This latest ground-breaking treatment called Lutetium 177-PSMA therapy is for those;

  • whose prostate cancer has spread and becomes resistant to hormonal therapies
  • who are unsuitable for or have failed chemotherapy
  • who have uncontrolled bone pain

PSMA (Lu177-PSMA therapy) is a type of molecular therapy used to treat metastatic prostate cancer. Lutetium-177 is a radionuclide substance that emits damaging radiation, which will destroy cancer cells. It is combined with PSMA protein that seeks out PSMA receptors found on most prostate cancer cell surfaces. Once Lutetium-177 PSMA is infused into a patient’s bloodstream, it will target and bind to PSMA receptors on prostate cancer cells. Damaging radiation from the Lutetium-177 will, over time, result in the death of prostate cancer cells.

Treatment can be done in a daycare setting. The Lu177-PSMA drug will be given by slow intravenous injection. The drug administration process will only take around an hour to complete.

PSMA therapy is highly targeted and minimally invasive, as it does not involve surgery or chemotherapy. As compared to other treatment options, PSMA therapy has tolerable side effects and significantly improves both quality of life (QOL) and survival.

(Multidisciplinary team)

Nuclear medicine treatment involves a multidisciplinary team that includes consultants, nurses, radiopharmacists, medical physicists, nuclear medicine radiographers, etc.

“The advantage of a large hospital like Sunway Medical Centre is that we can provide not only comprehensive cancer treatment but also other forms of complementary therapies such as diet and physiotherapy,” remarked Dr Ivan Shew Yee Siang, a consultant clinical oncologist at Sunway Cancer Centre.

“We are a one-stop centre for cancer treatment where we provide everything from screening, diagnosis, and treatment to palliative care and survivorship care.”

With the advanced technologies and comprehensive care, patient outcomes have significantly improved in recent years. The following testimonial is recorded by one of the many cancer survivors discharged from Sunway Cancer Centre, highlighting how we have been “transforming the lives we touch.”


“In 2018, I suddenly collapsed at my workplace. When I was brought to the hospital, I was diagnosed with a rare type of neuroendocrine tumour called insulinoma,” said a patient who was recently discharged from Sunway Cancer Centre after completing his last cycle of PRRT.

“When the tumour was discovered, it had already spread to the liver. I was told that surgery was not possible. Then, I was started with diazoxide, steroid, hormonal and targeted therapy to control the disease and its symptoms. However, the tumours did not respond to these medications. My symptoms did not go away. I still had hypoglycaemic attacks on and off. Every day, I would keep some sweets in my pocket, just in case I develop low sugar reactions. Sometimes, I would have loose stool.”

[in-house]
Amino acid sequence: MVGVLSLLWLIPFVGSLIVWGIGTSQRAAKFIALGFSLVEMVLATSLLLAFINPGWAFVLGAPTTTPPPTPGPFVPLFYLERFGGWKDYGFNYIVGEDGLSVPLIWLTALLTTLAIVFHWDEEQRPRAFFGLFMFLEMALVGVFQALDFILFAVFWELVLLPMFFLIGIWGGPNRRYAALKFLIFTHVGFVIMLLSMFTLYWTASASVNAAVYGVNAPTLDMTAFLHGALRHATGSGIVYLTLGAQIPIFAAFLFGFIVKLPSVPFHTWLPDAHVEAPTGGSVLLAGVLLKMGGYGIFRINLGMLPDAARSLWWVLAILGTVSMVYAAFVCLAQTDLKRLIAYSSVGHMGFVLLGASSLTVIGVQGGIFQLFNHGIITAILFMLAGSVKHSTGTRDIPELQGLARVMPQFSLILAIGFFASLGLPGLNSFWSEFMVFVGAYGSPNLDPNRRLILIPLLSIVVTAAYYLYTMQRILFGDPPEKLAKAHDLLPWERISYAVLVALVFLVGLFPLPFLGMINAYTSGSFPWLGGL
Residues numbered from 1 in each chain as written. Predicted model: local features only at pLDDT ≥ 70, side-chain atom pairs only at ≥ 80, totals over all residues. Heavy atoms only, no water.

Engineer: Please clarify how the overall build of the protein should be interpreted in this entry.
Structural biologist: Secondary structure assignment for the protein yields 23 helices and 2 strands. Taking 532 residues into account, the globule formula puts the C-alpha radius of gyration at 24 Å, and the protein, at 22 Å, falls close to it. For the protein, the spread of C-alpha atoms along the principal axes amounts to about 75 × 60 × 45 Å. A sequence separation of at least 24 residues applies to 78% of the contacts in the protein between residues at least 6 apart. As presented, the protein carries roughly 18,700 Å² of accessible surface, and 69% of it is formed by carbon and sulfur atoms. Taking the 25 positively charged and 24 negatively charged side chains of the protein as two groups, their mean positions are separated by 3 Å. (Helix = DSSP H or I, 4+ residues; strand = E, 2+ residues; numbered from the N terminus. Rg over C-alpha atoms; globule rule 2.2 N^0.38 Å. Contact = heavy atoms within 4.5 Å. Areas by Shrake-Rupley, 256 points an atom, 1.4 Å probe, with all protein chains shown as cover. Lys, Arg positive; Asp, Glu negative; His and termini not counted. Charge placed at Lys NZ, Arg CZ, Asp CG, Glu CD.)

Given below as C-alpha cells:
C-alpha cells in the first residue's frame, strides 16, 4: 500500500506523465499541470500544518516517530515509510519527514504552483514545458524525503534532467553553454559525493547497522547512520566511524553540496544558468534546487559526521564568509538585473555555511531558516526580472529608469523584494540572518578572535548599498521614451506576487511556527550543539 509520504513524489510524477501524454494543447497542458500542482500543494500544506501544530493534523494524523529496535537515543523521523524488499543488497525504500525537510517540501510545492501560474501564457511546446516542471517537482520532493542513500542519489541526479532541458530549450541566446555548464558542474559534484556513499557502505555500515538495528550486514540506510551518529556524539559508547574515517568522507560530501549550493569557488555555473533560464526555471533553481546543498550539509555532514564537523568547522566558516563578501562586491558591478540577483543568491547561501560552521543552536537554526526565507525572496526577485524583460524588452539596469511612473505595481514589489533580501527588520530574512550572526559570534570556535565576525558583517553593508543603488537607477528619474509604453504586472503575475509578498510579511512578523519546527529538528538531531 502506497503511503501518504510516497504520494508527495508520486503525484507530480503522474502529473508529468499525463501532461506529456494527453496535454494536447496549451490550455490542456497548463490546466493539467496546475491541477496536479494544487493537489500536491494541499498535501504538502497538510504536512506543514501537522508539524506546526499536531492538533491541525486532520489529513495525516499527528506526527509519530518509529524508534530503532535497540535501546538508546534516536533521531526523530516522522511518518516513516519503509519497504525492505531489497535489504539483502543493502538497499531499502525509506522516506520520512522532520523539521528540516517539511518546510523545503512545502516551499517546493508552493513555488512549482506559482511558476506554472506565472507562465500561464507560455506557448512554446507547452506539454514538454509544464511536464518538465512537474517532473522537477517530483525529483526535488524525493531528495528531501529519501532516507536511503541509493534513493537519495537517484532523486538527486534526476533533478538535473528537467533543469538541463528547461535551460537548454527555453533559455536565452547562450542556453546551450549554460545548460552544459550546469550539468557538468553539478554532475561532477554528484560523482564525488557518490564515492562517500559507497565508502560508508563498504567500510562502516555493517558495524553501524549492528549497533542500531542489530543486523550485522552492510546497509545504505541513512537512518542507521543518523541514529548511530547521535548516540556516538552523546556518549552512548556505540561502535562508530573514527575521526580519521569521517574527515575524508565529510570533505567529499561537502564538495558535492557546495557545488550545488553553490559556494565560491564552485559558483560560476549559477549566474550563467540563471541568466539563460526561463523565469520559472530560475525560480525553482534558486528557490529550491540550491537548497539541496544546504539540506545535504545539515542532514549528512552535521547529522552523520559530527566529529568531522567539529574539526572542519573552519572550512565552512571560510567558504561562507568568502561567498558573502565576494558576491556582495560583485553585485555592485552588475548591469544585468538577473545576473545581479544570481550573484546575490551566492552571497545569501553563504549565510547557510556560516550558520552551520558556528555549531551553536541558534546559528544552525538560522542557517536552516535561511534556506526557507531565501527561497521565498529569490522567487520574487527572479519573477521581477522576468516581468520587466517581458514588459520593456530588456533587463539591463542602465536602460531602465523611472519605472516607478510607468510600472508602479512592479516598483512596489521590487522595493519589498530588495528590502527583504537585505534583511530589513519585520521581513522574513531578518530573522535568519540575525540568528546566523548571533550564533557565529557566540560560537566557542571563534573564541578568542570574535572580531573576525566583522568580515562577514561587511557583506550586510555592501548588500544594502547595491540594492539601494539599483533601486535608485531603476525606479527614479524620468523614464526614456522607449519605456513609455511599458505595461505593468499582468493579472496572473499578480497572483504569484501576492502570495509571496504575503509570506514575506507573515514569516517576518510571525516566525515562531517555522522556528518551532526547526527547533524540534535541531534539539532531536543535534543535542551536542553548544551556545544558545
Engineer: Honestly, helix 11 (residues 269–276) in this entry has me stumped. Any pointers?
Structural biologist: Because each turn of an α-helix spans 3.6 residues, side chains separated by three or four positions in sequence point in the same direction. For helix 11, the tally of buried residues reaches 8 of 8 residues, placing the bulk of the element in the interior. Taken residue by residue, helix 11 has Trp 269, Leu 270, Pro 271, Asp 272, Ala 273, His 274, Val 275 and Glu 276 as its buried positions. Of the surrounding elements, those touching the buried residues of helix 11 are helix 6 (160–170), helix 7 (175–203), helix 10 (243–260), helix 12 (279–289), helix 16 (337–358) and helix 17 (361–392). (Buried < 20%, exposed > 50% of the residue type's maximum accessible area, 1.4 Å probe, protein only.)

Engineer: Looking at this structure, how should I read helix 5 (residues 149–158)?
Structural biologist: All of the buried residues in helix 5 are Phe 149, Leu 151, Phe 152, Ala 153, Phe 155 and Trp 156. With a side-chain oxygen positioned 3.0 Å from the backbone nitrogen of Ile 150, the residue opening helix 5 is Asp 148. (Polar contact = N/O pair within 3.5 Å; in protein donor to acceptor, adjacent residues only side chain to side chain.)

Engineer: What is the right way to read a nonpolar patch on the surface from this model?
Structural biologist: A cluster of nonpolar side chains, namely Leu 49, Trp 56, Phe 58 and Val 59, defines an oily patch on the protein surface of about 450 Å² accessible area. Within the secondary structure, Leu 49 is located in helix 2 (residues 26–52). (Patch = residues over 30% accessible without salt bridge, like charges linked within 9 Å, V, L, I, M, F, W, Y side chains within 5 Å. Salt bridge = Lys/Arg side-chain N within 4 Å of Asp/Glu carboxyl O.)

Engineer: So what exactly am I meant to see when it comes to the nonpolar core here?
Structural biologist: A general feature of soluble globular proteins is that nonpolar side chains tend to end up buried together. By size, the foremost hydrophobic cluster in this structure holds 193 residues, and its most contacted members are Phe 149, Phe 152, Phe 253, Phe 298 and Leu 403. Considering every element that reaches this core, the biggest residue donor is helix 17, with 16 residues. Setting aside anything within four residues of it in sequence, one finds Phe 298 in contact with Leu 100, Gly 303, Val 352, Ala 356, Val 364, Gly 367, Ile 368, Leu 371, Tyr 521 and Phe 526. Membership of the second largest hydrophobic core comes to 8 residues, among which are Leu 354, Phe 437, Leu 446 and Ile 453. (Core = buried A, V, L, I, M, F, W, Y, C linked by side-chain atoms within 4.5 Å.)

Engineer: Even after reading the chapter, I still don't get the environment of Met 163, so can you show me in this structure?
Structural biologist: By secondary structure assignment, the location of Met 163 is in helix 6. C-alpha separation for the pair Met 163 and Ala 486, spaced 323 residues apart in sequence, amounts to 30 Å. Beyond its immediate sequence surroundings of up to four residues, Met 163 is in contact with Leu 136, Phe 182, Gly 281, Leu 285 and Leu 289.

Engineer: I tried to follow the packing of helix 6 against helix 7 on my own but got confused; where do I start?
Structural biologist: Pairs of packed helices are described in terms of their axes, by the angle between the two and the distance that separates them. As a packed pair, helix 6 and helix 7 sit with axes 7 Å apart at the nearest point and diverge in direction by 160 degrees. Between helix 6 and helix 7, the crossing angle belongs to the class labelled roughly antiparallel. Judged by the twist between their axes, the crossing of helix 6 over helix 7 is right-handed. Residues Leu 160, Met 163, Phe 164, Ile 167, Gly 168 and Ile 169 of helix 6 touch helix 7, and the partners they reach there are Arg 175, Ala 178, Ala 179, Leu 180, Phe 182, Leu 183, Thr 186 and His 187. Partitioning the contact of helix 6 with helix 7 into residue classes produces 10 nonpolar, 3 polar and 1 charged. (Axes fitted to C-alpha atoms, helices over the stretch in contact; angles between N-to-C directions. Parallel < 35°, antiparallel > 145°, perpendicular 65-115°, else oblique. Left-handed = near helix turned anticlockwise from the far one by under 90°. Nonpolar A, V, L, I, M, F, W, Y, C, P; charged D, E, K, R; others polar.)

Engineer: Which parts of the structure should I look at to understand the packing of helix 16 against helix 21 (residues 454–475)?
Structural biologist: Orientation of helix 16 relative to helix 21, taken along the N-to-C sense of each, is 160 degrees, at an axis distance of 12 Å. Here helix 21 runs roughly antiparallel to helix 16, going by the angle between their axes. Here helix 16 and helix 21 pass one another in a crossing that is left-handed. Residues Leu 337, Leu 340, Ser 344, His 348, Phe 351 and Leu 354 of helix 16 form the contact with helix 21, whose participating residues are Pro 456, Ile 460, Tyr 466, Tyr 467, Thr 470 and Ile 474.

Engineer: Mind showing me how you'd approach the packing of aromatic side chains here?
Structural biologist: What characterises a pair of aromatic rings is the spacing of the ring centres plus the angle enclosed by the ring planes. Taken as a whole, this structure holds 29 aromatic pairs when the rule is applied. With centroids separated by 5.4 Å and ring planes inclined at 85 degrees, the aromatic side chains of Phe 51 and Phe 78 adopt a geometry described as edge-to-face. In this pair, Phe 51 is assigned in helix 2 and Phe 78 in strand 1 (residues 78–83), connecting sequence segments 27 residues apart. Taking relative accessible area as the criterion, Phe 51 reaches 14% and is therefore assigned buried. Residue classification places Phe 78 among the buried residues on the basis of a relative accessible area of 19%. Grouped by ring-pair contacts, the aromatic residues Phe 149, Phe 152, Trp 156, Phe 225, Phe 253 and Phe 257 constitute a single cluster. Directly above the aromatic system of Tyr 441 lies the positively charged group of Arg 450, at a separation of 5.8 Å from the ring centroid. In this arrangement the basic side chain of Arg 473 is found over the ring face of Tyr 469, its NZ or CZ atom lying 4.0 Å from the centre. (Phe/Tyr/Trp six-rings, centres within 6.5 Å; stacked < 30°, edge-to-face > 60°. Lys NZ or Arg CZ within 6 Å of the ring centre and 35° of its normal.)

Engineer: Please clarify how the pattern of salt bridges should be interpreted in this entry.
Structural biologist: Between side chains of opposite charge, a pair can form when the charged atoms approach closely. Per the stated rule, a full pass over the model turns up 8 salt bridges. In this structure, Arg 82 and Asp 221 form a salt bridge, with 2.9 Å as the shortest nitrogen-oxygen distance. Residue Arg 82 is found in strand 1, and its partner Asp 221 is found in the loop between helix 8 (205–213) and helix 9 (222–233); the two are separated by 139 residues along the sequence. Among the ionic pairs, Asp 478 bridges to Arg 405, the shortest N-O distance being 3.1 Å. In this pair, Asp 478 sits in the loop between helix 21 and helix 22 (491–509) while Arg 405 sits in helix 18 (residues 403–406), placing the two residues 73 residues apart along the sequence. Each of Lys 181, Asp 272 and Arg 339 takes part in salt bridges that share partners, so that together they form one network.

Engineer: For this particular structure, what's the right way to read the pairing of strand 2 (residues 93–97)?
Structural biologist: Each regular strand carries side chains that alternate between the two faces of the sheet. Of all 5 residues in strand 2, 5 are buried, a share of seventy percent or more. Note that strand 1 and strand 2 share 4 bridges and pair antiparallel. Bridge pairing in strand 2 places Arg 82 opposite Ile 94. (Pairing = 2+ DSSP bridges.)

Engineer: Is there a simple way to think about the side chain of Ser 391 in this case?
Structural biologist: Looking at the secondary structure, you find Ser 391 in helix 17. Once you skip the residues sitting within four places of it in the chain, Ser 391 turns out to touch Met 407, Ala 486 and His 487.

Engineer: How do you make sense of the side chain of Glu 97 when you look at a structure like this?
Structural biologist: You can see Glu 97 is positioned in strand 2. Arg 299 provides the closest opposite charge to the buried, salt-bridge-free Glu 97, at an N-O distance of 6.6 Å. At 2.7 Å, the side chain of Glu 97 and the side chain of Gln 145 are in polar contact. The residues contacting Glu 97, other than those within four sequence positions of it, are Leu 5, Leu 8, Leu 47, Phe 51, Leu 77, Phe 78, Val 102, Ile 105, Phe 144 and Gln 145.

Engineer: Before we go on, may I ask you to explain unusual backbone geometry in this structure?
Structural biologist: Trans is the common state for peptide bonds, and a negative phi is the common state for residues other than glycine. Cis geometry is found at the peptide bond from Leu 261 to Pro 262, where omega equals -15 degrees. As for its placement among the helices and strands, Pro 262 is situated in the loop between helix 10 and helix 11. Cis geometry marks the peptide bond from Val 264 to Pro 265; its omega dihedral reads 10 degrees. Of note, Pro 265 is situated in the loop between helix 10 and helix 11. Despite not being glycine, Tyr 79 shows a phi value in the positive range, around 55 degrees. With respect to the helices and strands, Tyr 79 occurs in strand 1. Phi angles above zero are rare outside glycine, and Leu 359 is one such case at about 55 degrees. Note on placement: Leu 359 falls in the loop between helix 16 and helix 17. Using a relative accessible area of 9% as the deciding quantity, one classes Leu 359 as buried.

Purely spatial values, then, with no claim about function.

“After a year or so, I was referred to Sunway Medical Centre for PRRT. After consulting with Dr Tan, I began my first cycle of PRRT treatment in 2019. My sugar level normalised, and some medications were taken away after two cycles of treatment. My diarrhoea had also improved.’’

“It was a straightforward procedure. Some pre-medications were given in advance to protect my kidney. Then a special infusion of the radioisotope was given, which only took about 20 to 30 minutes. The next day, I was put on a scanner called SPECT-CT. This scan would tell me where the radioisotope had travelled and how it attached to the tumours. I was allowed to go home after the SPECT-CT scan. There were no obvious side effects except some nausea and malaise, which were controlled by medication. I was back to normal within one to two weeks after treatment.”

In Feb 2020, when he completed his 4th PRRT, he was told that all the tumours have regressed on the SPECT-CT scan, and he was in remission. “After battling this disease for over three years, the news could not have been better.”

Sunway Medical Centre
5, Jalan Lagoon Selatan,
Bandar Sunway,
47500 Selangor Darul Ehsan
Fax: +603 8601 1069
Tel: +603 8601 1074